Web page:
Tongeren

Tongeren Beguinage visited and reported by Graham Green (July 2021)
Along the river Jeker

Last week I visited the beguinage in Tongeren. I went some years ago but was disappointed – our little group had already visited another beguinage in the morning and since it was raining in Tongeren we didn’t linger for long. What a delightful surprise this time.

The beguinage is in a quiet part of town but still within the old town walls. Indeed the area along the river Jeker has been renovated, making a delightful walk with a view of several of the main buildings: (left to right) the brewery,  the Cloth Makers’ Tower (Lakenmakerstoren), the infirmary and the St Ursula Chapel (Sint Ursulakapel).

But the best part was my visit of the Beghina museum. This interesting collection of objects and a film about several beguinages is housed in a beautiful building, dating back to 1660. The museum (on the left) stands next to another fine renaissance building.

Mr Vandersmissen had this house built for his two twin daughters and it is one of the oldest surviving buildings in the town. It survived the fire in 1677 and also the revolutionary French wave of destruction at the end of the 18th century – I read that the beguines were spared by bribing the French authorities but I haven’t yet found out what form the bribe took !

The museum building still has the enclosed garden (Jardin clos) with a high wall separating the house from the street, this being typical of the more wealthy properties in Flemish beguinages. This charming garden has a statue which one assumes is a beguine.

All the houses in Tongeren,including the museum, are privately owned as opposed to many other beguinages, where the CPAS / OCMW (city authority) has remained in charge since the French revolution.

Today the beguinage in Tongeren comprises 8 streets. In its heyday at the beginning of 18th century there were nearly 100 buildings housing over 300 beguines.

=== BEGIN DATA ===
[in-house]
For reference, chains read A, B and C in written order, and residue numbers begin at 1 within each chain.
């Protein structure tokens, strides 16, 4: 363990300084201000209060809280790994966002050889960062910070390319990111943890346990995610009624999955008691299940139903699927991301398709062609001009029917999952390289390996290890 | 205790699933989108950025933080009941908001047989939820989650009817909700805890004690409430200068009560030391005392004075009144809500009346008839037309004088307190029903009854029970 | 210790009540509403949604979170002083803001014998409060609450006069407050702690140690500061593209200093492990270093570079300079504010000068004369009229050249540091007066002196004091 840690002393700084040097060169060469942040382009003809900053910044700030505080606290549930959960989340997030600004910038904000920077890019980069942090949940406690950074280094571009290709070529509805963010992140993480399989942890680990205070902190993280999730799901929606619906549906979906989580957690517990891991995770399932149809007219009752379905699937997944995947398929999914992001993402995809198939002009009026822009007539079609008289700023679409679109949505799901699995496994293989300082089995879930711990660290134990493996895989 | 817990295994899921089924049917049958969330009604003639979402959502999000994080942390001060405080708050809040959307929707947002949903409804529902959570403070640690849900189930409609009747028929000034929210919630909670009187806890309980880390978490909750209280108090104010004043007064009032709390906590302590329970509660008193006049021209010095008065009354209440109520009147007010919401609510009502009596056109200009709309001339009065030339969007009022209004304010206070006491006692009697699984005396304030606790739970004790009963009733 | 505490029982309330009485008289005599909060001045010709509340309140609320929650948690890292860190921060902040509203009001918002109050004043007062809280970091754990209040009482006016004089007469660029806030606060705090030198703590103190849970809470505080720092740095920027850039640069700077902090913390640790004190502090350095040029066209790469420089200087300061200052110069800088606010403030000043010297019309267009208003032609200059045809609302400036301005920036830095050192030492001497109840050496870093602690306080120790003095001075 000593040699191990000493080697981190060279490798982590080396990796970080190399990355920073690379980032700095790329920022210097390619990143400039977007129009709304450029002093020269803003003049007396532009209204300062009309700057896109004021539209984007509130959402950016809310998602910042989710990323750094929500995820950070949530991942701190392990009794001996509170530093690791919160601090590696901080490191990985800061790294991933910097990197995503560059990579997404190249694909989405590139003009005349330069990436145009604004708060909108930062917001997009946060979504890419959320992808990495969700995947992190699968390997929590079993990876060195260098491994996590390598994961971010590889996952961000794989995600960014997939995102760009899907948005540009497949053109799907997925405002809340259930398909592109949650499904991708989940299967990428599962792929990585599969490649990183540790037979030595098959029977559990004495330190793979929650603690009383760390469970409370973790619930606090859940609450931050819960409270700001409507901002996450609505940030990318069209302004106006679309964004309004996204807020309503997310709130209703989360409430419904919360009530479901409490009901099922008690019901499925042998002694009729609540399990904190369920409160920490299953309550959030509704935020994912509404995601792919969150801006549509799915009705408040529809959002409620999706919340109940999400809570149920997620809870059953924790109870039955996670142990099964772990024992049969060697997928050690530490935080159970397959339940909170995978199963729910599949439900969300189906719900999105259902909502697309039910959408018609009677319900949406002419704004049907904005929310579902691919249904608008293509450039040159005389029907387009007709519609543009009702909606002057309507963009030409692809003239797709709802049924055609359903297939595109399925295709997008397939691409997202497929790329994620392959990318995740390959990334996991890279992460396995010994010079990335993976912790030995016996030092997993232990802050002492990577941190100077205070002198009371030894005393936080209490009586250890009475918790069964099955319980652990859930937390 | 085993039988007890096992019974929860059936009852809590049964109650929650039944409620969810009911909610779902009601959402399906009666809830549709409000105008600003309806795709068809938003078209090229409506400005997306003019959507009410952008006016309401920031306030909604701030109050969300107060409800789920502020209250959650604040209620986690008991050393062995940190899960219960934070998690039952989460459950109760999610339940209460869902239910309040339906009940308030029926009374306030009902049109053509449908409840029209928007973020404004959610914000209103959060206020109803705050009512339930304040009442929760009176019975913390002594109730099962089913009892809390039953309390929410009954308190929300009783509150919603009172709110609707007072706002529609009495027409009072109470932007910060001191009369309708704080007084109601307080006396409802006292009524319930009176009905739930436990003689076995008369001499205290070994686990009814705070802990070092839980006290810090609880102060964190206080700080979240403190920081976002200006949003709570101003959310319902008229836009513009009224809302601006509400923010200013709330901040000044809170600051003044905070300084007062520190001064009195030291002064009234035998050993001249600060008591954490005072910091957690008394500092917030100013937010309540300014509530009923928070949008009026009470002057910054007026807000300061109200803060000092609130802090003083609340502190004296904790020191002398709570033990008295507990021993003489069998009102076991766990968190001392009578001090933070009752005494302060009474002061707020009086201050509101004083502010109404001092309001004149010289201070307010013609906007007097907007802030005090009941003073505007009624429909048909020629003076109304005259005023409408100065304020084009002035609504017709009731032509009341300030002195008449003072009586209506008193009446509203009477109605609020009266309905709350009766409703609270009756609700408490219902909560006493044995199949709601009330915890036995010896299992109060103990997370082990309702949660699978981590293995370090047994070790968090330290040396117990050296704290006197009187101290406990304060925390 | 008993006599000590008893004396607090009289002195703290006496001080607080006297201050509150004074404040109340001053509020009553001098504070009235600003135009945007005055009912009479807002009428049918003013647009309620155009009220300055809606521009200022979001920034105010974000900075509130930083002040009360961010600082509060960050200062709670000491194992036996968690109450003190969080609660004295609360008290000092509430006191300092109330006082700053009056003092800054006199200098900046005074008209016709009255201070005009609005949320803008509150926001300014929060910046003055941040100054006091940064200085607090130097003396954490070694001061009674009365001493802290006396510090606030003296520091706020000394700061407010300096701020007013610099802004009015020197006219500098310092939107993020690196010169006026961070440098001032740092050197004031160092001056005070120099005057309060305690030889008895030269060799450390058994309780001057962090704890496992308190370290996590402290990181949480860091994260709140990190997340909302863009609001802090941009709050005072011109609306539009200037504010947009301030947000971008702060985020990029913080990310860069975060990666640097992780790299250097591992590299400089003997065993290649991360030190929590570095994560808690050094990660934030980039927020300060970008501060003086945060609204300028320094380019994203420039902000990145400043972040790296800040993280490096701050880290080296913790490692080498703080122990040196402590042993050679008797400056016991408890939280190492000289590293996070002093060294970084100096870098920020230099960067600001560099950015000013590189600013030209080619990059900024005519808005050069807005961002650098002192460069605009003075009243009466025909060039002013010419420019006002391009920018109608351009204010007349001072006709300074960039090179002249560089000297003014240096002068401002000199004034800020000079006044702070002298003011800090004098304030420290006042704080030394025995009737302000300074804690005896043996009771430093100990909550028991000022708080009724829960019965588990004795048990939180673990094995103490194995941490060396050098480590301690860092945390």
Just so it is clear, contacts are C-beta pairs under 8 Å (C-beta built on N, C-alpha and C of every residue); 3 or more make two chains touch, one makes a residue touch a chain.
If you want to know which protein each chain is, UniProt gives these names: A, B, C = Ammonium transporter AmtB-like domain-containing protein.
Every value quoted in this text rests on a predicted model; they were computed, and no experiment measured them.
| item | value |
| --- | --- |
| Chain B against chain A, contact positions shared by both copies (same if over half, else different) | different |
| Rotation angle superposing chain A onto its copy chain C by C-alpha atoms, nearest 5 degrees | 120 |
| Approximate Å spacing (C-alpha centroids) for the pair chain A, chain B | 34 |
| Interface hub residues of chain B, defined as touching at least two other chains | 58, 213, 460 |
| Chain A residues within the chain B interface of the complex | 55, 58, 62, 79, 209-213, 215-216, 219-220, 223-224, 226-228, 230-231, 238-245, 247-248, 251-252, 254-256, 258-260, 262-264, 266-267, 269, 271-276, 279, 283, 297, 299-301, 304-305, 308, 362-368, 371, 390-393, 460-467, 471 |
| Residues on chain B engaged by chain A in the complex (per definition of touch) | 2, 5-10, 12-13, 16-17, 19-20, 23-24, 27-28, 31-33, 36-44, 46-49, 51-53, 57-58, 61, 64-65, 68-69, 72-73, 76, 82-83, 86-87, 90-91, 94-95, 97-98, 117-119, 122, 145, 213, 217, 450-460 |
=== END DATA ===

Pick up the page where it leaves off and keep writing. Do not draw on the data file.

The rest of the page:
In 1995 the Franciscan monastery (Frèes Mineurs) was taken over by Poverello, a social institution founded in the 1970’s by a Flemish doctor. Today they serve 60 meals a day to the needy. I read that the town, who owns the St Catherine’s church (currently closed), has sold it to Poverello for 1 Euro. The town will finance most of the restoration and Poverello will look after it as a place for prayer and cultural activities.

Most other buildings are in good condition. For example the St Ursula chapel (on the left) has been renovated for receptions, exhibitions and other special events. Next door is the former infirmary, today a restaurant simply called “de Infirmerie”.

The infirmerie

The former slaughterhouse (abattoir) has been converted into a youth hostel. The former Agnetenklooster, just outside the beguinage, was a monastery founded in 15th century, rebuilt in 16th, now converted into a bed and breakfast hostel.

Lilly Pond

The Flemish often mix the old and the new with taste. The Lilly Pond is a large stone plaque with lillies just outside the old church. The dark stone reflects the church and trees – the lilies are in bronze so they are in flower all year round.